The Mad Titan’s Molé

Hey folks, do you recognise this fruit?

HornedMelon

If you’re a Marvel fan, you should, ’cause this is the only thing growing in Thanos’ garden. And, while it doesn’t come from an alien cactus, the inside of the real kiwano looks more extraterrestrial than anything in Endgame:

HornedInnards

It’s a freaky-looking fruit and its taste is just as weird – A blend of cantaloupe, cucumber and lime – but it’s right at home with herbs and citrus. It’s more vegetable than fruit but a friend to fresh flavours all the same.

In today’s celebration of superhero movies and obscure, african fruit, I’m not going to be replicating the mad titan’s horned melon soup. That dish is as much of an affront to the world as his use of the infinity stones. A thick, snotty, disgusting mess of a meal, about which horror stories have trickled down through my family for generations.

You do not cook the kiwano.

This fruit or vegetable, whichever you choose to call it, is best served fresh or frozen. It’s typically recommended for use in mousses, smoothies, sorbets and citrus-heavy cocktails but, for today’s recipe, I’m going guac.

Mexico’s famous, creamy dip/condiment hybrid that brings together all things fresh and green.

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A Very Attractive Sandwich

Happy Star Wars day, everyone! Today’s post has absolutely nothing to do with George Lucas’ famous franchise but my generation was one that grew up in the wake of the original trilogy, receiving every ounce of second-hand excitement imaginable in the run up to Episode One.

And, since I was young enough to enjoy that movie and the games that it spawned, Star Wars has been a positive part of my life for as long as I can remember. I may not be as obsessed with it as some reviewers but I have a lot of respect for the series, all the same, and I just have to acknowledge that today’s date is may the fourth.

Now let’s get on with this weekend’s main feature: A quick and easy, yet utterly delicious egg mayo recipe, featuring Daddy Cool’s Fatalii Attraction.

Because, now that I’m coming to the end of my third bottle, I feel like I should show you how I use the stuff.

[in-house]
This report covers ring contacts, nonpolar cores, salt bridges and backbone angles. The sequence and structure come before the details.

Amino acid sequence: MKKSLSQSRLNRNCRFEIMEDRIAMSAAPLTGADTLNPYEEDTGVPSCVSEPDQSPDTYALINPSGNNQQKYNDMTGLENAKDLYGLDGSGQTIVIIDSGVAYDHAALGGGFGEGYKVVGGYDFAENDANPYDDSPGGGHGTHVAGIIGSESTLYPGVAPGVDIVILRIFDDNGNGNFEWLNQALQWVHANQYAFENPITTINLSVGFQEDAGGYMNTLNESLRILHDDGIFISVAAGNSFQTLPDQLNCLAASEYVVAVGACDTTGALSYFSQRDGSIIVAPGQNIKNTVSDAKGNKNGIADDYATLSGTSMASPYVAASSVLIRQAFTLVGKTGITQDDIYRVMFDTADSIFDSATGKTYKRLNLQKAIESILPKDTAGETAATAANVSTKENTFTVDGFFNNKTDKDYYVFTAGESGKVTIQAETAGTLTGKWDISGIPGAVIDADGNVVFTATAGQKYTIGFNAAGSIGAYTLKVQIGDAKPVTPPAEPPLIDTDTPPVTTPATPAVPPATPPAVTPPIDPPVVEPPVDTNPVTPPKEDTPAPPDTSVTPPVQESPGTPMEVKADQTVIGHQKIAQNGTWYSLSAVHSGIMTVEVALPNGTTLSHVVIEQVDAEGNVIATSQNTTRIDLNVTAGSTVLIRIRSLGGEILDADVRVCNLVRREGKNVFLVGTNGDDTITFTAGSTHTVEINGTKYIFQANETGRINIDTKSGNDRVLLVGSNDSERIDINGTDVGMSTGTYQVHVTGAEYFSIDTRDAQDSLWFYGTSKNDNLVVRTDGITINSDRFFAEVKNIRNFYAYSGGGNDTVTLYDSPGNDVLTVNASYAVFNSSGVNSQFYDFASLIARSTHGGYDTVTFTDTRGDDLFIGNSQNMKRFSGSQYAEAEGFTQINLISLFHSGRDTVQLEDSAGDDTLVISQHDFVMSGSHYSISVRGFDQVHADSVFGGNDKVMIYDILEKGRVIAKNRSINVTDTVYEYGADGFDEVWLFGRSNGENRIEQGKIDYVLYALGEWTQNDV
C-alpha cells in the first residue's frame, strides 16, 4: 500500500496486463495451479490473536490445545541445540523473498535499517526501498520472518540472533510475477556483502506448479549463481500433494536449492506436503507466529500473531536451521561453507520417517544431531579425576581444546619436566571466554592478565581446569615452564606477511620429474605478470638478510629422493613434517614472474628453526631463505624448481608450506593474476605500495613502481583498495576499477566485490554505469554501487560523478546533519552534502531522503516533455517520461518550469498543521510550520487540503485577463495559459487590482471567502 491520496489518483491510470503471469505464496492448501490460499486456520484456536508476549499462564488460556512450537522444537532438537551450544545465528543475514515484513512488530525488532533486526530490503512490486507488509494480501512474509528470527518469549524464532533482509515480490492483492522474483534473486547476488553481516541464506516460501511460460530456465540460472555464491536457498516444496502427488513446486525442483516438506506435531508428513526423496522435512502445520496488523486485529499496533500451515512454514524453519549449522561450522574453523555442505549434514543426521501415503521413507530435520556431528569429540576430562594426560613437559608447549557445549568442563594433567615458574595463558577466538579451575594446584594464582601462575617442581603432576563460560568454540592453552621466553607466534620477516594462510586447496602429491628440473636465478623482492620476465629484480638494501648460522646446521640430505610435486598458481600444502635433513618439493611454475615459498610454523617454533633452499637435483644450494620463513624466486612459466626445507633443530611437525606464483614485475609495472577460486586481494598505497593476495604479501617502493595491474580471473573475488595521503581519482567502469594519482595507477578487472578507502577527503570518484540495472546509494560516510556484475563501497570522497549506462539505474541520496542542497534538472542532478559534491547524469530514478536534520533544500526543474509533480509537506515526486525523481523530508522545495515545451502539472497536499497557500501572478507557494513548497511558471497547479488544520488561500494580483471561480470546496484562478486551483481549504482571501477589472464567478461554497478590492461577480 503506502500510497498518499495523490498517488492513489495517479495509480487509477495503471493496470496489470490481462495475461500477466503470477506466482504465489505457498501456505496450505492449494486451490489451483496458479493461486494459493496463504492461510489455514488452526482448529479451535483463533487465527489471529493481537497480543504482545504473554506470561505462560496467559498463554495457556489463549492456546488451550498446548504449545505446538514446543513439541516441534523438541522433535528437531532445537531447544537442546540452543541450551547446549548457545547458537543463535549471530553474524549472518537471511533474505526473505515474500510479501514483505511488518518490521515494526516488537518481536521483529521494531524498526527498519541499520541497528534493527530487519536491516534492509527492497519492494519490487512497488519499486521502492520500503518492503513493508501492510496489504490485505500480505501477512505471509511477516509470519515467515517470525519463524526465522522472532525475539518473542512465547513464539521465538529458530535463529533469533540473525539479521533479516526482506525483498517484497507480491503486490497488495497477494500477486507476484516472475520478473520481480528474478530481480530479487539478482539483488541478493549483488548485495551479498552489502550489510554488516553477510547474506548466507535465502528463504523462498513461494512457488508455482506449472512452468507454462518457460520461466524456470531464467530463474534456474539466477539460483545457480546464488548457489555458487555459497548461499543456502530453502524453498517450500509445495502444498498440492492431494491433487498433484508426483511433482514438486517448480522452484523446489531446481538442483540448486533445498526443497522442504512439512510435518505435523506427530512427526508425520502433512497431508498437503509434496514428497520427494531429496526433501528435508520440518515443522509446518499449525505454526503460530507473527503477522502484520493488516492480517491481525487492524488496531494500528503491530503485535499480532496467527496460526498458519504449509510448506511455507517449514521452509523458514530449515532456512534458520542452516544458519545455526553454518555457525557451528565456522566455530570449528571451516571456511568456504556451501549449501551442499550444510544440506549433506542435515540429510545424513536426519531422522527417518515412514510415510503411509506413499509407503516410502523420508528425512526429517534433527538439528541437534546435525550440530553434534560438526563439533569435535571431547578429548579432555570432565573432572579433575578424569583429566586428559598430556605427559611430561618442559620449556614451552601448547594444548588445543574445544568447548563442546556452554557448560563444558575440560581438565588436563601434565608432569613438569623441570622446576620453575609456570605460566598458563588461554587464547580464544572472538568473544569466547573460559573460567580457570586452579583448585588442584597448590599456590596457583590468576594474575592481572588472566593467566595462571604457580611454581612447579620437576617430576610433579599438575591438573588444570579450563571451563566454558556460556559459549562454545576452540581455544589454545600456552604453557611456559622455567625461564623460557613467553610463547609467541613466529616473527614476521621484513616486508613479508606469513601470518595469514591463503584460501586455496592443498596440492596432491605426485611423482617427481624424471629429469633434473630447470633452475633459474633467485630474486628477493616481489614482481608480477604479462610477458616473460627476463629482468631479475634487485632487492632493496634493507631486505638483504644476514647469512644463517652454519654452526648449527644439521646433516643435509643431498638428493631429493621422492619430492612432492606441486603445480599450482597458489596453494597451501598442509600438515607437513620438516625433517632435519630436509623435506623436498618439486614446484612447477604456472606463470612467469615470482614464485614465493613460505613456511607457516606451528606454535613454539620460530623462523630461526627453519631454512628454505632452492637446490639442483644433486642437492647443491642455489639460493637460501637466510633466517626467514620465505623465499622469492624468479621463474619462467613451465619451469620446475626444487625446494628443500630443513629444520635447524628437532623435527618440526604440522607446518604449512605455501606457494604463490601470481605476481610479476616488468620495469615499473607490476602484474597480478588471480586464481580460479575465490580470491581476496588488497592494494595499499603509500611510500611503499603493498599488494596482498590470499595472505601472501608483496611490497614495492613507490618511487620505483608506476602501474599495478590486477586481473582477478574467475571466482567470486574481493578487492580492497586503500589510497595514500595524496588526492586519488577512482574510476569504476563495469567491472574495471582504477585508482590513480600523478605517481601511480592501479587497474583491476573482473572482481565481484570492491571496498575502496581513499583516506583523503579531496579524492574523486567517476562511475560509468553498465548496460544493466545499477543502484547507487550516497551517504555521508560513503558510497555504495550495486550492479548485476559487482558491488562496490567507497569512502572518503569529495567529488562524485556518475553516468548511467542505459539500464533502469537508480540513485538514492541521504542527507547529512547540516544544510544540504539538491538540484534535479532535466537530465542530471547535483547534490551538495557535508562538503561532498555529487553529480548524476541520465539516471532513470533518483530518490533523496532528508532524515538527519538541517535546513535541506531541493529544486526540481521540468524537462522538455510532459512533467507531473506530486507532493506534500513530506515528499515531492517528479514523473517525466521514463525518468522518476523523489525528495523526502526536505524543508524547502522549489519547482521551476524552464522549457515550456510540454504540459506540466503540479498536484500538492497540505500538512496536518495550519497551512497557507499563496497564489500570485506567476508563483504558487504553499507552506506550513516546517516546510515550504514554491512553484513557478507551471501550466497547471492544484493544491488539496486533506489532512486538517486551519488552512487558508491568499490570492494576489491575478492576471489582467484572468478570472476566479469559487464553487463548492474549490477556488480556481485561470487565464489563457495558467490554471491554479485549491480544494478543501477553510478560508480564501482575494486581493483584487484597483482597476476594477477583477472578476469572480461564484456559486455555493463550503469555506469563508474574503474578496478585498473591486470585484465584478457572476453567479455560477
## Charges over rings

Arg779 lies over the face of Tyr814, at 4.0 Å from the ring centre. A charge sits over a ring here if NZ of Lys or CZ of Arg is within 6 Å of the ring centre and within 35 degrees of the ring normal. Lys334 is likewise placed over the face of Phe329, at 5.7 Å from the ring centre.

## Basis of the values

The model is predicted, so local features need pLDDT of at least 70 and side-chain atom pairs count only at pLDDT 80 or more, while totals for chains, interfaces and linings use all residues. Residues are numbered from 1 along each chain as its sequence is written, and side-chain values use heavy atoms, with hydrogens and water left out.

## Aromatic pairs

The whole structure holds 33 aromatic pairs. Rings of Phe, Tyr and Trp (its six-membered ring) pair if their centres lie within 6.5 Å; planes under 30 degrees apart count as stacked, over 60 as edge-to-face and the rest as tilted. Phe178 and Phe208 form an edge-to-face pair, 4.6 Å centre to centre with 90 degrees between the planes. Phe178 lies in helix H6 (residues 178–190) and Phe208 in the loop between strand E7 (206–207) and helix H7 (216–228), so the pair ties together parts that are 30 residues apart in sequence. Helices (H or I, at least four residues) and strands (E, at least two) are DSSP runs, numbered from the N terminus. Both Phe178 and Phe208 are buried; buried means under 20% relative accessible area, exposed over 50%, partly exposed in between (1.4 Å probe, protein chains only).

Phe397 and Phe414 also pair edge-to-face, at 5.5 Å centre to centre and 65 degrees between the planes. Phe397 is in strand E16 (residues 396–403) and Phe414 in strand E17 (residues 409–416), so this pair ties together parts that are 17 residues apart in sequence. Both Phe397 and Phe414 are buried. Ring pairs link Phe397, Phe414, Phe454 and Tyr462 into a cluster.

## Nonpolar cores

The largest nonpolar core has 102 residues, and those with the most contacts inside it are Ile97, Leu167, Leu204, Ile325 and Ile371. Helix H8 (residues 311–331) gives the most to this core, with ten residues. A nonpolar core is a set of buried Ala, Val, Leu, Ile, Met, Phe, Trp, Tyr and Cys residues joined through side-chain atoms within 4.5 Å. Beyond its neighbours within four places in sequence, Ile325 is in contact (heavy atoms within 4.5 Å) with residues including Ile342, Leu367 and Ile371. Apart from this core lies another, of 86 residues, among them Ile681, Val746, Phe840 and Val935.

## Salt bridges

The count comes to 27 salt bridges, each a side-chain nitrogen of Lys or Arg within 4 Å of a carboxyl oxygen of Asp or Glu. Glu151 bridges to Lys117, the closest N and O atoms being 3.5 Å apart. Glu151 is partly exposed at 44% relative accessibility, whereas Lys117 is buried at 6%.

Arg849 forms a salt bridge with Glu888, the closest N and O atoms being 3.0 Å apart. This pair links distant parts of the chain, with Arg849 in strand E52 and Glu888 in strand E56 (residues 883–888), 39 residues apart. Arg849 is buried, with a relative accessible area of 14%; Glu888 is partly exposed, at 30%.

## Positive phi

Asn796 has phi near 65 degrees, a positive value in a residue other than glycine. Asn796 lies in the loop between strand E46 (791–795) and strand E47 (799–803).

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Garlic & Herb

Greetings again, everyone. It’s the weekend, oncemore, and time for another recipe.

This one, like many of my recent uploads, was something of a spur of the moment decision. Which is a pleasant example of how this year’s “mini recipe” focus has changed the way I work. I have a lot more freedom to post simple recipes and the occasional adaptation of a previous dish (like last week’s blueberry vindaloo), most of which would never have graced my site before. It’s somewhat liberating and I hope that you lot enjoy it as much as I do. Feel free to drop a comment down below or hit up my contact page if you have anything to say about the matter.

Today, though, my simple recipe isn’t even my own. It’s a collaboration with a friend of mine who was convinced that I was making garlic bread wrong and just had to prove it.

Personally, I still disagree. Garlic bread doesn’t need herbs or spices to be enjoyable. You can turn a baguette into something wonderful with just garlic and butter.

His herbs and peppers were far from necessary but, in the end, they were also far from unwelcome. If basic garlic bread is a wonderful treat, his french herb and mixed chilli twist is pure bliss. A far more nuanced flavour with all the same garlic punch as before, alongside that touch of heat that we all crave.

For the maybe five minutes of extra preparation time, the difference that my friend’s additions made were utterly unbelievable. And he has no problem with me sharing what he did.